SXSW has always been a massive melting pot of musical influences and a platform for musical discovery but in the last few years in particular, the festival has played host to an enormous hip hop, R&B and soul community that has come together from all over the world.
Whether they be some of the biggest names in the game at the moment, or MCs and songwriters who are on the cusp of breaking through – SXSW always comes through with quality in their programming. Here were just some of our favourites, most of whom aren’t necessarily new, but all acts we haven’t had the chance to see live before.
Tank & The Bangas
Mammoth walls of galactic synths were built, each bigger than the last, giving the ever-charismatic lead Tarriona “Tank” Ball something to scale with her effervescent style. This was Tank & The Bangas, the New Orleans band that won NPR’s Tiny Desk Competition last year and are sometimes – rightfully – referred to as one of the best live bands in the country.
Ball has an off-kilter Cee-Lo Green-like style, imbued with slam poetry and an uncommon command that can grasp the crowd with powerful refrains and then blast them with bolts of electric, eclectic vocal gymnastics. It’s intense, fun, impossible to ignore, and a sharp reminder of how energising live music can be.
Celebrating black culture, black excellence and black music isn’t necessarily new. What’s new is that the rest of the world is finally joining in, so it feels like the perfect time for Common to link up with Robert Glasper and Karriem Riggins for a supergroup of sorts, dedicated entirely to the spectrum of black music deeply rooted in the culture. Jazz, hip hop, rock and soul have been impeccably infused within these meandering soundscapes, given life with Common’s rich, thoughtful poems about resilience, struggle and social progression. The Chicago emcee hasn’t sounded this fresh in years, re-energised by this exceptionally talented band and, most memorably, by long-time collaborator Mumu Fresh who pops up for a powerful rap on “Practice”.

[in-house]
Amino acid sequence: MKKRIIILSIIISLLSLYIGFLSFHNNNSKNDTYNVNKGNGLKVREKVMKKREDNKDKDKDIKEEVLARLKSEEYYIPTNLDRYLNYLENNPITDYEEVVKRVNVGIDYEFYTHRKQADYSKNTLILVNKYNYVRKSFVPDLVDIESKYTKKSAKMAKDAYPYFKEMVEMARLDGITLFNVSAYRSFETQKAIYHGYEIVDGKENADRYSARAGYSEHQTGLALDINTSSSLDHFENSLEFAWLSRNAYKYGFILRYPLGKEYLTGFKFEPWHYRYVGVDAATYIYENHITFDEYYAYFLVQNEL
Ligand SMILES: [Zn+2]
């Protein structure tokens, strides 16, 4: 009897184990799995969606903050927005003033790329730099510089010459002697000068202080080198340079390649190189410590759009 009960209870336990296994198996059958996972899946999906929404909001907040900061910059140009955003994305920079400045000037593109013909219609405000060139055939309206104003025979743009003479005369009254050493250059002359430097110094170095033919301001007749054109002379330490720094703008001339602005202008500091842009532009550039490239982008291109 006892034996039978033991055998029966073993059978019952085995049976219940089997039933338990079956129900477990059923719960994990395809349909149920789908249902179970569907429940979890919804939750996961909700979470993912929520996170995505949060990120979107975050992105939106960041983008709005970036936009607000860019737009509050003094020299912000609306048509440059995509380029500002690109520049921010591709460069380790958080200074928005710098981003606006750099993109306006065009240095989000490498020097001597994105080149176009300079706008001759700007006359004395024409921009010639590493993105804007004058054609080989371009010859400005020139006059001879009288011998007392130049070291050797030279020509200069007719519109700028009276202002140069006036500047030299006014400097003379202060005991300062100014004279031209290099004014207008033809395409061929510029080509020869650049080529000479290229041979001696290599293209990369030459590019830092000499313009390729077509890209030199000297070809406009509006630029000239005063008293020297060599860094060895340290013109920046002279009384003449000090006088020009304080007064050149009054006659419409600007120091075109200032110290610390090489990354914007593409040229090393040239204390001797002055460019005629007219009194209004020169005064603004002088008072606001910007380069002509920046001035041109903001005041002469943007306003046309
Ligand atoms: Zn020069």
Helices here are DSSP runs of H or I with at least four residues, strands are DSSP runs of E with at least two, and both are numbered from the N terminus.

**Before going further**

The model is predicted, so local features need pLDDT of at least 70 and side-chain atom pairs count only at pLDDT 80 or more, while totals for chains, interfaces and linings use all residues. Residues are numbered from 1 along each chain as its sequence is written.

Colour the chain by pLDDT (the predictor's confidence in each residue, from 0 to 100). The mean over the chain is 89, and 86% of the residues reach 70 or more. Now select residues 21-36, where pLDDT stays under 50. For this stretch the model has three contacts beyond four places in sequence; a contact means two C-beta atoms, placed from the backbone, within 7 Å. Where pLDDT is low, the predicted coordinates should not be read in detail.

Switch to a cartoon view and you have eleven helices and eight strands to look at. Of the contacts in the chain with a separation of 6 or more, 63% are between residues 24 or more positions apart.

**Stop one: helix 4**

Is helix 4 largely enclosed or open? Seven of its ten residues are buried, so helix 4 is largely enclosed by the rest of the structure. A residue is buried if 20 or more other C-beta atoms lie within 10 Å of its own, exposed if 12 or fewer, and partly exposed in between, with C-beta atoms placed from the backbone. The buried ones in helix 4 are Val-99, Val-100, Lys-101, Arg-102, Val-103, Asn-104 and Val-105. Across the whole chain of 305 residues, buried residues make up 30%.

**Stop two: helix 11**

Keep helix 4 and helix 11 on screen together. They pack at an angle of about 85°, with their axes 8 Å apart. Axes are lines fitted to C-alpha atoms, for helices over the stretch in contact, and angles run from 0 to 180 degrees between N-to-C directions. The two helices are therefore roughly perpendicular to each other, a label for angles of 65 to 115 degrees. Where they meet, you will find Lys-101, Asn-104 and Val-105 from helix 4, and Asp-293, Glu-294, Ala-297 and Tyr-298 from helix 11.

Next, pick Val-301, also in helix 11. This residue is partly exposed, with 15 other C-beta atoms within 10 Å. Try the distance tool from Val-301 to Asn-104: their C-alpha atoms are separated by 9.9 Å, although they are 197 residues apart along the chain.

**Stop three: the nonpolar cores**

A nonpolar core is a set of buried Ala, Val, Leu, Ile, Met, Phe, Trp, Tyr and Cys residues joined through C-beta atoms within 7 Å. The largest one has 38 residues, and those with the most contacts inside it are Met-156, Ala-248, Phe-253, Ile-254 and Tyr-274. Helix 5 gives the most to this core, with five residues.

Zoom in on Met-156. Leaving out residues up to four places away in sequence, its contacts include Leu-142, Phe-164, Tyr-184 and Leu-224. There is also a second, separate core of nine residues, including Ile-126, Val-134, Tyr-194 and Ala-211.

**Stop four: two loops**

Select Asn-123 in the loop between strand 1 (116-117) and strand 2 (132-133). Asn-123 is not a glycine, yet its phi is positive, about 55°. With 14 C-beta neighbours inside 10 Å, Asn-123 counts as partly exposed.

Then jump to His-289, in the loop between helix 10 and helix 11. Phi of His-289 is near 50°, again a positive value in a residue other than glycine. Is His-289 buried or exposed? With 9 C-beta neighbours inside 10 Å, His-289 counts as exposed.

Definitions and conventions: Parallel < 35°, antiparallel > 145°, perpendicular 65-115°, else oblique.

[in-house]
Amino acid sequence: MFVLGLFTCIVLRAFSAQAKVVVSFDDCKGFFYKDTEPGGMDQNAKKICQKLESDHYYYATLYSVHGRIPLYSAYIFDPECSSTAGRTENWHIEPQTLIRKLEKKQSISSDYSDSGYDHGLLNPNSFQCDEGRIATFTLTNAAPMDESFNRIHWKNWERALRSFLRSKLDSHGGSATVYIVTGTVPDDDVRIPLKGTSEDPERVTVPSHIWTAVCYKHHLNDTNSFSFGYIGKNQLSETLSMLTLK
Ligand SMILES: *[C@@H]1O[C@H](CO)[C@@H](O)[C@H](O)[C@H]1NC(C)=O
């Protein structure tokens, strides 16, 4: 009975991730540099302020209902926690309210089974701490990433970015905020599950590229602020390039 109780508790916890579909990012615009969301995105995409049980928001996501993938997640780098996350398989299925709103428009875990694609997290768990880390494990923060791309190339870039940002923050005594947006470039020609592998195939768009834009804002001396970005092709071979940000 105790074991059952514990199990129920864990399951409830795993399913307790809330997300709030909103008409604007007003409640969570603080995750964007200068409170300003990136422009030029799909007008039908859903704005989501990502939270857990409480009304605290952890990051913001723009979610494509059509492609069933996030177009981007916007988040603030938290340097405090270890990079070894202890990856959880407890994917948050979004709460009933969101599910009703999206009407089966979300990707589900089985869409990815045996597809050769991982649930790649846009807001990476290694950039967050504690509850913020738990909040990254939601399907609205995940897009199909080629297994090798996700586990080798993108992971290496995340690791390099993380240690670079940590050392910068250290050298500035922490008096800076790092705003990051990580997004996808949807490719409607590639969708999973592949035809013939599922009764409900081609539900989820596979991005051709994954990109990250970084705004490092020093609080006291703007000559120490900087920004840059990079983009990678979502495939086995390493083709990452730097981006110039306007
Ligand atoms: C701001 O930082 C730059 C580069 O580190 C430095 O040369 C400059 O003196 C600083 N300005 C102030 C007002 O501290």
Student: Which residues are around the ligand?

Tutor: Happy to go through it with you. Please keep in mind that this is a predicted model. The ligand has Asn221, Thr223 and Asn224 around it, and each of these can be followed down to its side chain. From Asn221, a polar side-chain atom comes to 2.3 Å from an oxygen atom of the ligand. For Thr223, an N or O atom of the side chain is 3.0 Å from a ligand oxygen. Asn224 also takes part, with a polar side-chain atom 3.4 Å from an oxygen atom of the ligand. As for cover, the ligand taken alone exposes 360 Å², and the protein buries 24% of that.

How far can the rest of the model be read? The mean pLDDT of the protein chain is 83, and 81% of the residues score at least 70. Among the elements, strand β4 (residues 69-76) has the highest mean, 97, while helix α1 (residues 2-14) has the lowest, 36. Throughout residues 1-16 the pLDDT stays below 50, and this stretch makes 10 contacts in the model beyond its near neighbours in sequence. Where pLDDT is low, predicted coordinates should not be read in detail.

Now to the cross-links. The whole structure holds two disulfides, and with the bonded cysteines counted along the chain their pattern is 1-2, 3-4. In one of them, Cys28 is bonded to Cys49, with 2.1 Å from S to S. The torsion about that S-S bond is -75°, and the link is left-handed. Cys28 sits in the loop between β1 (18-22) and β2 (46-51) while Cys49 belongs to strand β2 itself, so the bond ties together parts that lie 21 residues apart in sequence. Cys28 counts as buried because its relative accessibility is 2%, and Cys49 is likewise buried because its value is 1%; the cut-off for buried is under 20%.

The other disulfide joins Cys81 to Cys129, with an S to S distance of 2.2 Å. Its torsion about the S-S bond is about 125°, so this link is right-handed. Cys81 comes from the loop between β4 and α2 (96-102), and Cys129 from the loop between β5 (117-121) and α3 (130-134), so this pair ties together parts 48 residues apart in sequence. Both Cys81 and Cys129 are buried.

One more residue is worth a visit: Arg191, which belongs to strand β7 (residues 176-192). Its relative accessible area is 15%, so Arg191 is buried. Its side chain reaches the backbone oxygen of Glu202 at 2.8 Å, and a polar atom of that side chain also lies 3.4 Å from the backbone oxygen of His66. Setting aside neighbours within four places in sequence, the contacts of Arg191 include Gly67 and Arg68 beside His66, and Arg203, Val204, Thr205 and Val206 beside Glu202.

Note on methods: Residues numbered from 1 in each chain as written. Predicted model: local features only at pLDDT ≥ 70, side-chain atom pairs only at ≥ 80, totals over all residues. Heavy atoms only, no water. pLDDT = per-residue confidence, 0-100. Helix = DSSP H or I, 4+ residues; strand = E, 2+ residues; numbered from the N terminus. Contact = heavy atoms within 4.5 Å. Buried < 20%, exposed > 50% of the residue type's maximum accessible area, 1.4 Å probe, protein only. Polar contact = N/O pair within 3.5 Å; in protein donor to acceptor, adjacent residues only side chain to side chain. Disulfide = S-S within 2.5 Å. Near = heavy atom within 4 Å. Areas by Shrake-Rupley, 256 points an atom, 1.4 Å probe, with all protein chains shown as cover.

What’s more, is that Common makes full use of the band to squeeze in some of his solo hits as well, pumping the crowd with cuts like “The People”, “Go”, and “The Light” to great effect.
Having just released one of the hottest hip hop tracks out right now, “Black”, and coming off of two exceptional EPs in 2017, Compton emcee Buddy was understandably in high demand during SXSW. I managed to catch the final showcase of his: a late-nighter in the dark and intimate Empire Control Room.
After seeing him live, I have no doubt that Buddy is poised to shoot straight to the top of the charts; his energy on stage is second to none, coupled with a delivery that’s tough and impactful, even with the more soulful cuts like “Shine” or the bangers like “Black” – two tracks with such a huge difference between them that together they highlight just how diverse Buddy is and can be.
Here you have an artist that is just as good as a singer as he is a rapper (the balance is usually off in other artists of a similar vibe), and that seamless, adaptable style should easily position his forthcoming album as one of the year’s best.
Bouncing between funk and hip hop, Duckwrth entered SXSW as one of the most talked about buzz acts, and exited the festival as a sure-shot superstar. Particularly with the recent success of rappers like Aminè, this insert city artist is in a nice place right now, and you could easily tell the more hipster-minded hip hop fans amongst us are more than ready to eat up what this guy is dishing out: sizzling funk-infused raps delivered with a vibrant west coast swagger, backed by a small but effective band.
Watch out for this one in 2018, it’s clear Duckwrth is just getting started.
Rapsody is not a new artist by any means, and anyone listening properly has known for a long time that the North Carolina emcee is one of the best out. But to see her live is a stark reminder of the pure dominance of true emcees, the ones who aren’t in for for the temporary turn up but instead want to keep pushing the culture forward with poetically brilliant, hard-hitting hip hop that’ll last forever.
Rapsody embodies the real emcee; on stage, she brings to life her Grammy-nominated album Laila’s Wisdom with such strength and rawness that each line is punctuated by the type of singular delivery credited to legends like fellow Rapture star Nas and Rakim as well as the benchmark emcees of today like Kendrick Lamar and J Cole. After that performance, she’s well on her way to being mentioned more widely amongst those names.